77. 77. 82  The GOLD Report also reinforces the role of ICS/LABA for patients that have asthma features and/or high blood eosinophil count, and patients who show more frequent exacerbations.  For the first time the GOLD Report recognises eosinophils as a potential decision-driver for COPD treatment and as a biomarker for risk of exacerbations and identifying ICS responders
  78. 78. 83 In patients who develop further exacerbations on LABA/LAMA therapy we suggest two alternative pathways: 1.Escalation to LABA/LAMA/ICS (Triple therapy). 2.Switch to LABA/ ICS If LABA/ICS therapy does not positively impact exacerbations/symptoms a LAMA can be added.
  79. 79. 84
  80. 80. 85 • For patients who still have exacerbations with LABA/LAMA/ICS, the following three options can be considered: • 1) adding roflumilast (for patients with FEV1<50% predicted and chronic bronchitis) • 2) adding a macrolide (azithromycin preferred, however, antibiotic resistance should be factored in decision- making) • 3) discontinuing ICS.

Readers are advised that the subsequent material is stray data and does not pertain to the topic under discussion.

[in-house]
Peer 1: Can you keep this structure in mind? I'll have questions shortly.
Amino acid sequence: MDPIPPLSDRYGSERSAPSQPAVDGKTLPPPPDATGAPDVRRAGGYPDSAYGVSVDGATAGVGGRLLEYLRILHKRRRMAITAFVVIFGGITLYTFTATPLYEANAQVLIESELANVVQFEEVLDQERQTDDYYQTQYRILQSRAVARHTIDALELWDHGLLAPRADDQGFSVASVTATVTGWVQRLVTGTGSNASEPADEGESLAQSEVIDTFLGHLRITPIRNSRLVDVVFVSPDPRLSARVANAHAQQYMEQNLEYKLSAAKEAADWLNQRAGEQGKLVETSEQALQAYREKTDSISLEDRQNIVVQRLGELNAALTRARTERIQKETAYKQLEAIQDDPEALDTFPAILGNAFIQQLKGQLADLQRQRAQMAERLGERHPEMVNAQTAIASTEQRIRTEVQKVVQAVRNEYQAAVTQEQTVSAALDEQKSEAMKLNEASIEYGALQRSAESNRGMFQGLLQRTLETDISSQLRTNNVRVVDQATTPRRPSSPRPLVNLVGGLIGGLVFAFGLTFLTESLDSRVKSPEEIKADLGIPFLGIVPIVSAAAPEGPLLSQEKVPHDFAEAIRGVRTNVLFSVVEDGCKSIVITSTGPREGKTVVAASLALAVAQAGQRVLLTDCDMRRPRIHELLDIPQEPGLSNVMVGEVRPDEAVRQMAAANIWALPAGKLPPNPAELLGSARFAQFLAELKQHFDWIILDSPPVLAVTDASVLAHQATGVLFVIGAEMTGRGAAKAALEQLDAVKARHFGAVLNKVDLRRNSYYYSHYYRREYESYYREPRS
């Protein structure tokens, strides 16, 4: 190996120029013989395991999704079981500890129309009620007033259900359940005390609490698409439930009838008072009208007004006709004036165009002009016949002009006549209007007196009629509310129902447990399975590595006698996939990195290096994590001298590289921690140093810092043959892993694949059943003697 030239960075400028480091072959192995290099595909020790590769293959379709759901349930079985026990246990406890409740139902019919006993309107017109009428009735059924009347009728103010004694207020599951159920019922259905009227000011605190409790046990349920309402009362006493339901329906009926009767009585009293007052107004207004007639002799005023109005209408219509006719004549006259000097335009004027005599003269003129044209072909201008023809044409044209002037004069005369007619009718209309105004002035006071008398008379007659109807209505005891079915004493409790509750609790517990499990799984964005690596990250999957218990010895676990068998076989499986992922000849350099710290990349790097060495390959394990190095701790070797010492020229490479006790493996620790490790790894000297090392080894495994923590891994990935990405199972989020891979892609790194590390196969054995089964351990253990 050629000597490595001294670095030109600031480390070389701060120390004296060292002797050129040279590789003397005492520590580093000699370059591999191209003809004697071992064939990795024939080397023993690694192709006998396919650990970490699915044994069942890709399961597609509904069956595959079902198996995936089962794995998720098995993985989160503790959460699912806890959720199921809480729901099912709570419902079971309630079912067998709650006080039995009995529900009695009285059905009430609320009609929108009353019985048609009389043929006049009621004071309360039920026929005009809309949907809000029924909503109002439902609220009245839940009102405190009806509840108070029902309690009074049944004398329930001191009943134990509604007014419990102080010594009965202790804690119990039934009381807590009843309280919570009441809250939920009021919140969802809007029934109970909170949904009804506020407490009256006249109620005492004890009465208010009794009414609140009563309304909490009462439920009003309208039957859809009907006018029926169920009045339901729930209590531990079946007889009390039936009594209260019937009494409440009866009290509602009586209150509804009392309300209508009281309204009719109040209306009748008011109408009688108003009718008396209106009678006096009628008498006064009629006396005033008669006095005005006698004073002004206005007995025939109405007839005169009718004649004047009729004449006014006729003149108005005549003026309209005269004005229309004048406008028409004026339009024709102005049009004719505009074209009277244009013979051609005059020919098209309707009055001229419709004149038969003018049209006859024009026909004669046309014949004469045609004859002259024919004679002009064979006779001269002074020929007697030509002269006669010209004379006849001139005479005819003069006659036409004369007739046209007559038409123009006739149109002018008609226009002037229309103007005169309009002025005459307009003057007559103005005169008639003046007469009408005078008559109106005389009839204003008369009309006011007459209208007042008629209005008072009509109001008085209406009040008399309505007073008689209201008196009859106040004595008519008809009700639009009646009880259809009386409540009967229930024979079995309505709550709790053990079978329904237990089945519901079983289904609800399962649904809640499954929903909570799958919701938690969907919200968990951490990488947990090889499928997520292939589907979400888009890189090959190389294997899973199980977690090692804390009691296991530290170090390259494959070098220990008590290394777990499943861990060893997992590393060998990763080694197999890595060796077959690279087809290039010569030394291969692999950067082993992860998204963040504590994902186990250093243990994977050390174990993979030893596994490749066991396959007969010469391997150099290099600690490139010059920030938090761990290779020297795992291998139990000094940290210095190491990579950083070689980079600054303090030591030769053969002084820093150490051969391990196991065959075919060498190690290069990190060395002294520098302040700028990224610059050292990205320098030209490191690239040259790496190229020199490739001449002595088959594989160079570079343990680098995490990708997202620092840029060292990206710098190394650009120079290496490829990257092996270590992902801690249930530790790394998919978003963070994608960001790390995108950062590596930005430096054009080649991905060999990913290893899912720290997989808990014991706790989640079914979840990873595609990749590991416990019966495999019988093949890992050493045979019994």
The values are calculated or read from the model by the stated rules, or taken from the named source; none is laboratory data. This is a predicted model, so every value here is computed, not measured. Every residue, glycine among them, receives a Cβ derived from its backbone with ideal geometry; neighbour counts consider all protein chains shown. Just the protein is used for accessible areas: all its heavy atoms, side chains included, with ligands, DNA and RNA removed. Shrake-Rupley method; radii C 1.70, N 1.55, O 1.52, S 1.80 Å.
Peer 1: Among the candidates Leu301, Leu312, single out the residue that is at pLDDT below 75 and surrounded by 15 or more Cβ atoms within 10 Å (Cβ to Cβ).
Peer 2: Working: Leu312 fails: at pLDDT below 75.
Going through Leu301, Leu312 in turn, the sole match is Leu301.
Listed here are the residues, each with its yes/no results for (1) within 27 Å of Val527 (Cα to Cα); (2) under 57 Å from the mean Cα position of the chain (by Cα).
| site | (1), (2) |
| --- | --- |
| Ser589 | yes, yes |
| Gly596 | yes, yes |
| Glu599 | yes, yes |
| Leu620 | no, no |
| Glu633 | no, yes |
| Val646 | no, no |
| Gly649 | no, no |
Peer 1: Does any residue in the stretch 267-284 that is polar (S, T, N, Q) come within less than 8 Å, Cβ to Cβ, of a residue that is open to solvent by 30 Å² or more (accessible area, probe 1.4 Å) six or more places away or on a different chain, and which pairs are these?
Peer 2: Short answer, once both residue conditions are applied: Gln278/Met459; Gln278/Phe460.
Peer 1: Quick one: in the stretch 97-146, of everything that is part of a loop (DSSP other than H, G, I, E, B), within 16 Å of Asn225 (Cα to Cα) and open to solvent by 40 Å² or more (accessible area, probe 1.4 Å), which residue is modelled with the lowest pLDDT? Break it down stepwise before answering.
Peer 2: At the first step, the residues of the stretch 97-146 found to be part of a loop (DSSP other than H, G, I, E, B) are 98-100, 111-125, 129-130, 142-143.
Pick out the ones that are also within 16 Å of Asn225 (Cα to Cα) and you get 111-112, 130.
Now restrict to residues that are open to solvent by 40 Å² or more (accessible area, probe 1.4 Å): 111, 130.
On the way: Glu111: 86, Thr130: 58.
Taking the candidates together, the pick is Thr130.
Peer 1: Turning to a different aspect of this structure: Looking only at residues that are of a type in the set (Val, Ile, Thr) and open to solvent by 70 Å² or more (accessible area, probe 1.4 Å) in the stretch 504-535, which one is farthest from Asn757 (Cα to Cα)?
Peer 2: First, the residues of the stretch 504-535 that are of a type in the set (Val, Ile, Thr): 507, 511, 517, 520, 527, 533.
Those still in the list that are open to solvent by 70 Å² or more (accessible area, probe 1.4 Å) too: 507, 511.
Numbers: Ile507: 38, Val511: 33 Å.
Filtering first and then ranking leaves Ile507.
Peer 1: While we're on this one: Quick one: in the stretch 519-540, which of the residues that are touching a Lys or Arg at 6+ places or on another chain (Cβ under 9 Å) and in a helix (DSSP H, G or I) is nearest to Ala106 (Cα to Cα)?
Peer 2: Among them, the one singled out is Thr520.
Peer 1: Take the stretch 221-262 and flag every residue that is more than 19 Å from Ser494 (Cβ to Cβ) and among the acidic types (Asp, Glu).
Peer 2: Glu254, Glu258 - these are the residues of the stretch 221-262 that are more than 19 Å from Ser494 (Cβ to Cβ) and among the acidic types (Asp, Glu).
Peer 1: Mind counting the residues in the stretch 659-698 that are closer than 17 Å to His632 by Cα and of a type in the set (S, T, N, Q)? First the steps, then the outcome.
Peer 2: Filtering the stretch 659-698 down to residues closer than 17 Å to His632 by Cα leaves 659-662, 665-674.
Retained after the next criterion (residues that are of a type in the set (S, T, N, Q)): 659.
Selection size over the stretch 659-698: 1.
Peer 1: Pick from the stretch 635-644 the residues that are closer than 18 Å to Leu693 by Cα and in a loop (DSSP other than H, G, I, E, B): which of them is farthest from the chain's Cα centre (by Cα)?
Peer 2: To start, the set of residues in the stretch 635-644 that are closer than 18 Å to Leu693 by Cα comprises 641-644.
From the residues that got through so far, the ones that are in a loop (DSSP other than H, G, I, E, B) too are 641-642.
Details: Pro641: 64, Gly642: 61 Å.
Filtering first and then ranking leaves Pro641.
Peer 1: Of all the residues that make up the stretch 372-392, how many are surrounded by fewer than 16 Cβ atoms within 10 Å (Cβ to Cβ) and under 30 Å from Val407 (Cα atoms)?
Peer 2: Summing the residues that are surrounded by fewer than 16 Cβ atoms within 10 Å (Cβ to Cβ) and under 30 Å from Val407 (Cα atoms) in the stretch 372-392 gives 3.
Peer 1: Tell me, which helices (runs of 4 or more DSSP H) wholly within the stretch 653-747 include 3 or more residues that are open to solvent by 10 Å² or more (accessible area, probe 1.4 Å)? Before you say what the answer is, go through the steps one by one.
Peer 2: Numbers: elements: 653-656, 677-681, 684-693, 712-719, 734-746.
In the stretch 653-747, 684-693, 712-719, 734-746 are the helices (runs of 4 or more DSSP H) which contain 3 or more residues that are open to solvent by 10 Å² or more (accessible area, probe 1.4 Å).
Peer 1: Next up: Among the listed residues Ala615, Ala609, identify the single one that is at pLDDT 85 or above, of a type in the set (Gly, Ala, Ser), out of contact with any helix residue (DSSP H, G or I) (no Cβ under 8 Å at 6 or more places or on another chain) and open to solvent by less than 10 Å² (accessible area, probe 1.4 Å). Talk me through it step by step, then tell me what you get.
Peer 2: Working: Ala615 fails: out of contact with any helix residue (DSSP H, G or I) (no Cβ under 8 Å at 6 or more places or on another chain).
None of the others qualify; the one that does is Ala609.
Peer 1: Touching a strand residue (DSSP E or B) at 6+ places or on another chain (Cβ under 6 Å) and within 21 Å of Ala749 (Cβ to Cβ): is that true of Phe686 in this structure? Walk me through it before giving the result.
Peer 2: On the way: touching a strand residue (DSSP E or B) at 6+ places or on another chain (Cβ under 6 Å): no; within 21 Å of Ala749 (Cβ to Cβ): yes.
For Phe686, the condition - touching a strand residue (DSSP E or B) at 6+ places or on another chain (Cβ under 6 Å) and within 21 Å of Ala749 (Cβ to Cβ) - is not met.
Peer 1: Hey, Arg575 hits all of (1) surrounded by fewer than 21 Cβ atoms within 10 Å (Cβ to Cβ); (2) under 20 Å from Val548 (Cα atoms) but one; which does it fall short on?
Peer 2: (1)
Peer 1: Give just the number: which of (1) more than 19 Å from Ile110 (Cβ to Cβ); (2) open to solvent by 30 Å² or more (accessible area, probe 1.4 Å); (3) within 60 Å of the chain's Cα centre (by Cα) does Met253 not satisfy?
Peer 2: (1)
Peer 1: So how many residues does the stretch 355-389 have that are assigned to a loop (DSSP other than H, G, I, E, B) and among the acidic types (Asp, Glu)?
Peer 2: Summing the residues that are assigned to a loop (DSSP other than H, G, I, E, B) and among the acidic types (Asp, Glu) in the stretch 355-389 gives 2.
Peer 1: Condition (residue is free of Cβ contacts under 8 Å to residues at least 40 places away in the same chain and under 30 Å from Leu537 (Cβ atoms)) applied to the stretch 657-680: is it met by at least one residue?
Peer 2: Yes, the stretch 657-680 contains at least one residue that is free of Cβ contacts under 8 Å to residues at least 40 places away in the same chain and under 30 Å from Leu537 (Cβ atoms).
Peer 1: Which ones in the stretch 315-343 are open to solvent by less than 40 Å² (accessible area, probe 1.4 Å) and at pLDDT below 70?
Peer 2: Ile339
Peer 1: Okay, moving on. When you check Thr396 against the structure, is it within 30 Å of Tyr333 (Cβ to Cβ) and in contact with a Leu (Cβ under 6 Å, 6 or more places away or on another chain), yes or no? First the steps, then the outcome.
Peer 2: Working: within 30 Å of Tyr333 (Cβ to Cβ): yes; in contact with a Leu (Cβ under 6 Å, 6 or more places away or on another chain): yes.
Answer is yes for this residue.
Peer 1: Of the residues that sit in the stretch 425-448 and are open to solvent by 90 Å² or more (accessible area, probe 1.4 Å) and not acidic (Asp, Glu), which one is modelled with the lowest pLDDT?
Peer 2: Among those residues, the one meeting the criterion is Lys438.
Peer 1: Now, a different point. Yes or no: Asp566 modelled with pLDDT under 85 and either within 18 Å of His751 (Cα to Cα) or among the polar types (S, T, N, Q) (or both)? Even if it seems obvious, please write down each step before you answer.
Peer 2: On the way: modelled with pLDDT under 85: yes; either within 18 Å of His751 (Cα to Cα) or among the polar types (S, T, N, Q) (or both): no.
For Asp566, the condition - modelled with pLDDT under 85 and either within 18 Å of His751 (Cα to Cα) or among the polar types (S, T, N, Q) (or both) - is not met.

81. 81. 86
  82. 82. 87
  83. 83. 88
  84. 84. Children’s Healthcare of Atlanta 89
  85. 85. 90 Is ICS Withdrawal or Step Down Therapy Possible in COPD?
  86. 86. 91 The Role of Inhaled Steroids in COPD Pharmacotherapy  There is no advantage in adding ICS to bronchodilator therapy in patients at low risk of exacerbations .  Early observational studies suggested that simply stopping therapy increased the risk of exacerbations. However more recent data suggest that this may not be true if the patient is receiving long-acting inhaled bronchodilators .